I don’t make any money from this; I just recommend the tools and services I think are the best.
Step 2) Add your domain name to Netlify
2a) Log in to your Netlify account if you haven’t already.
2b) Head to the “Domains” tab.
2c) Click the “Add or register domain” button:
2d) Add your domain name (or intended domain name—you can have Netlify purchase it for you).
2e) Hit the green “Verify” button:
If you already own your domain, you’ll see the screen below. (If you don’t own your domain, and want Netlify to purchase it for you, this tutorial doesn’t cover that yet. I may add it in the future.)
2f) Hit the green “Yes, add domain” button:
Next, you’ll see the screen below.
There’s no need at this stage to add DNS records.
You can always do this later, for example, if you want to set up MX records for email.
However, for now:
2g) Hit “Continue”
Finally, you’ll see the screen below. Keep it open in your browser as you’ll need it in a second.
Step 3) Log in to your domain provider and update the nameservers to the ones you got in the last step
Every domain name provider’s interface is generally a bit different, so I won’t provide a screenshot here.
However, it should be relatively straightforward to find out how to change the nameservers for your domains at your provider (e.g. NameCheap, GoDaddy, Zuver etc).
You’ll need to update the nameservers to the ones you got in the previous step of this tutorial (which may be different to the above screenshot).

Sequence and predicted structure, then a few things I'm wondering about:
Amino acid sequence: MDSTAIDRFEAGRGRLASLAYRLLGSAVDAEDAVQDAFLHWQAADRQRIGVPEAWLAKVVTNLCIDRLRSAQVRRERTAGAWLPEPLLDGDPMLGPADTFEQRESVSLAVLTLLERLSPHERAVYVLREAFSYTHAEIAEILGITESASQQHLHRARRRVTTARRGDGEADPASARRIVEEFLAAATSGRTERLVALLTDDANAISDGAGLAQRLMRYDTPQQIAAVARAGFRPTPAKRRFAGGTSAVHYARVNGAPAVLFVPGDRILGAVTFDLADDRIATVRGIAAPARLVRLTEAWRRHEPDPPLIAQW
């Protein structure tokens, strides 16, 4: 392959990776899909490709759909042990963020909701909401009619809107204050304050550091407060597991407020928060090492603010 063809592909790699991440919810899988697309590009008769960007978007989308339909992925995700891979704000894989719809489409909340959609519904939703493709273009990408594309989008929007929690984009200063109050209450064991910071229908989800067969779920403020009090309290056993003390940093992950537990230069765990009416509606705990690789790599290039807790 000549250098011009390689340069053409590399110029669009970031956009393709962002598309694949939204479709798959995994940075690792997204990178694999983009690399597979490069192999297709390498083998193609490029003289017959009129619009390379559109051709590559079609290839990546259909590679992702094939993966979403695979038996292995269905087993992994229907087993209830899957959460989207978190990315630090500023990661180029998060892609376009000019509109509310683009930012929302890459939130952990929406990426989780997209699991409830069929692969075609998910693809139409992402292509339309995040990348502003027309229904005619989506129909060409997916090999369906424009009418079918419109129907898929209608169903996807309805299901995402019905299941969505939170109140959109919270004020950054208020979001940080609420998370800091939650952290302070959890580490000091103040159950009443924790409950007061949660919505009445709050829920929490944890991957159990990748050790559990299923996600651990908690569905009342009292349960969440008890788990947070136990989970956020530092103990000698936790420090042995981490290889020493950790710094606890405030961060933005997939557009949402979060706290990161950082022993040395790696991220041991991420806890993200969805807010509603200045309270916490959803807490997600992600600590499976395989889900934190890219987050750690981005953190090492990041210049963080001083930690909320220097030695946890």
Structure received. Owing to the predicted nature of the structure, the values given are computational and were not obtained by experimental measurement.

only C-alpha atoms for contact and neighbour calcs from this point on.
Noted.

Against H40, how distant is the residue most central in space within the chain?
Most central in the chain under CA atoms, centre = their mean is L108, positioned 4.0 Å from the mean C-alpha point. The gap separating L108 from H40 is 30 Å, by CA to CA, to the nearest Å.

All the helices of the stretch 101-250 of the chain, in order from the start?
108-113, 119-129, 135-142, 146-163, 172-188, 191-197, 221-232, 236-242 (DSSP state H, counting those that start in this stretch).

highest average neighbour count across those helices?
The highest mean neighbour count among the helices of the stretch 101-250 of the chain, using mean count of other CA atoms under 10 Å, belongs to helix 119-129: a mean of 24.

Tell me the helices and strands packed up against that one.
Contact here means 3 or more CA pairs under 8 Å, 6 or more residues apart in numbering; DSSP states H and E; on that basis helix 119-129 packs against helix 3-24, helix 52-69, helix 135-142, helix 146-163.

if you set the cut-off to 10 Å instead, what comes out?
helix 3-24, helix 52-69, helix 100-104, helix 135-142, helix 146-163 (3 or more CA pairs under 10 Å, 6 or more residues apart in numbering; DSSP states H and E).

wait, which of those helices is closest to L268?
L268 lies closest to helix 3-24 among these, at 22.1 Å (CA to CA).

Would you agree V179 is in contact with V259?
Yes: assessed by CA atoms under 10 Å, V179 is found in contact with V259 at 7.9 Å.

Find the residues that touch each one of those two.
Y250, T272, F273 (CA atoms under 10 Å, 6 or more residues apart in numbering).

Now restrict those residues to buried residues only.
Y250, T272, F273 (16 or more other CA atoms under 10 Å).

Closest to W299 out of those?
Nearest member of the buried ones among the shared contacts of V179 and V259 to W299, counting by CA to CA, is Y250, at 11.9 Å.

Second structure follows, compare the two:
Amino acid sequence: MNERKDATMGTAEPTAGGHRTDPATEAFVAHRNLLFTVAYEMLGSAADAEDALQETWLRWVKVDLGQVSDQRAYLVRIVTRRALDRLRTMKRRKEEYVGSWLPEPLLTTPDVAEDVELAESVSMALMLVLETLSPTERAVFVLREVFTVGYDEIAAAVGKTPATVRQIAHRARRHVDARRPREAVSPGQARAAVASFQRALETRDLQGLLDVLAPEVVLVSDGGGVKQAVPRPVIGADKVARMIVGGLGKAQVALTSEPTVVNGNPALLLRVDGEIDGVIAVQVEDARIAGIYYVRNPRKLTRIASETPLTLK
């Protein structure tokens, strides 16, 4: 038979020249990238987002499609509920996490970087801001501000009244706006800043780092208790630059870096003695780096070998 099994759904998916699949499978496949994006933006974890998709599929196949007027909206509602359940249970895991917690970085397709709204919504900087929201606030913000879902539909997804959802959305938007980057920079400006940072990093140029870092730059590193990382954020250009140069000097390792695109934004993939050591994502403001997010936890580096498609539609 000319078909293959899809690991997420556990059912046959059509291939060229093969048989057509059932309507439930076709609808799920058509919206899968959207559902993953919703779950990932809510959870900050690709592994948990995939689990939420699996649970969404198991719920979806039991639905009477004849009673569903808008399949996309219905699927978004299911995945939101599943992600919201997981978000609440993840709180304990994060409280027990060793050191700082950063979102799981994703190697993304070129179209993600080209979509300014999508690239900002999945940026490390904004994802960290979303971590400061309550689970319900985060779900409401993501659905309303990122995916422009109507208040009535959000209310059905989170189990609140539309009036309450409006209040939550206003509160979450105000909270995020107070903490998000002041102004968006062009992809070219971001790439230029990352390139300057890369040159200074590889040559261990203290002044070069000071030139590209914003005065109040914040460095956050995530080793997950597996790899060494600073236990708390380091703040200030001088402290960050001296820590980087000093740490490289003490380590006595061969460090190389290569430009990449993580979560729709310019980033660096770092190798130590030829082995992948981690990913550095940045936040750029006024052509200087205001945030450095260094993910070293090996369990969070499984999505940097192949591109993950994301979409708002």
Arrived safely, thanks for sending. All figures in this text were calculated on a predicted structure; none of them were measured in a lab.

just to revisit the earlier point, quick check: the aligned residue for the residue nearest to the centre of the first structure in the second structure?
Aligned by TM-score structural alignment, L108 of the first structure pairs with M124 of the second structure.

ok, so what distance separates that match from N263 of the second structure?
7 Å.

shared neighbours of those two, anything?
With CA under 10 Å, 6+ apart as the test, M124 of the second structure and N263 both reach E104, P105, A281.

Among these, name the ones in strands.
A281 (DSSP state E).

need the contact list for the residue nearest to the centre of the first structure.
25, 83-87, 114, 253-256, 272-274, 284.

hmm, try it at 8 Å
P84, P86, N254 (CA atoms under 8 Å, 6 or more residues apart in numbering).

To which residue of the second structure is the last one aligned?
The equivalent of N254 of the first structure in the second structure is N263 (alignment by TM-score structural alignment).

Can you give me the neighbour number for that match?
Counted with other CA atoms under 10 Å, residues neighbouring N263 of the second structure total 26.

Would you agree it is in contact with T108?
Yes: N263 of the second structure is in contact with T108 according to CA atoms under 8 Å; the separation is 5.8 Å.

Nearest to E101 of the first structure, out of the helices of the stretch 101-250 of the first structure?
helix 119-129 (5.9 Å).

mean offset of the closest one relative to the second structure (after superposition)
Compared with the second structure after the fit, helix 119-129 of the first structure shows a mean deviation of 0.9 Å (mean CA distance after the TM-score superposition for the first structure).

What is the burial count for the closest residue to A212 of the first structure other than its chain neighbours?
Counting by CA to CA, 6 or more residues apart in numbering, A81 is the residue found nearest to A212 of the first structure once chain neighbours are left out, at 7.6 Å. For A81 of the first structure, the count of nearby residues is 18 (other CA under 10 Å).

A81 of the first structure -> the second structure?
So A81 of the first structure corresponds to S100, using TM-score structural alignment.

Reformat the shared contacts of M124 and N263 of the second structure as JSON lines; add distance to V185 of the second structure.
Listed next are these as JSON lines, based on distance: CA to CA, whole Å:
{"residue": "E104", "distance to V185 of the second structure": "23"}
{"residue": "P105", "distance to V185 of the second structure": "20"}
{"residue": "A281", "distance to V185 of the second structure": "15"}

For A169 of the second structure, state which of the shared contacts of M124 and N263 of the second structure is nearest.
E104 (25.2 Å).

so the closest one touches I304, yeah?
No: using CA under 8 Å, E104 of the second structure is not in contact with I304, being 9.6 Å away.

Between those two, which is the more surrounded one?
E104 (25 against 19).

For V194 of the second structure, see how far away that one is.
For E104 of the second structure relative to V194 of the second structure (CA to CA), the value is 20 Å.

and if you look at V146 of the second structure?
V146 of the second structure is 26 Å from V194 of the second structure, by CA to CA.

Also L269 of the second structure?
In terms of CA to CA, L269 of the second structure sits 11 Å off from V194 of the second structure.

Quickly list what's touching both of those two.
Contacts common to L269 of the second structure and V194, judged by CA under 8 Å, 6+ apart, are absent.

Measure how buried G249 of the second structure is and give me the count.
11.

Once you have made these changes, it may take several hours to propagate through the DNS network.
Step 4) Deploy your site to Netlify
While you’re waiting for the nameserver changes you made in Step 3 to propagate, you may want to deploy your site to Netlify from your GitHub, GitLab or Bitbucket account. Here’s how to do that:
4a) Head to the “Sites” tab
4b) Hit “New site from Git”
You’ll see the screen below.
4c) Choose your Git provider (GitHub, GitLab or Bitbucket)
4d) You’ll then be asked to sign in to your Git provider via a pop up window (not shown here).
I use GitHub so the rest of this tutorial will focus on that. It should be pretty similar for GitLab or Bitbucket, though.
4e) You can then choose the repository containing your Hugo site.
4f) If you don’t see the repo in the list, you’ll need to configure the Netlify app in your Git provider (e.g. GitHub). You can click the green text link named “Configure the Netlify app on GitHub” to do so.
4g) Choose your branch (if not master).
4h) Specify the Hugo build command (I use hugo without any flags).
4i) Reference the location of the Hugo rendered HTML files (this will generally be public).
4j) Hit “Deploy” and you’re done! Once your DNS changes have propagated, your site will be live on Netlify.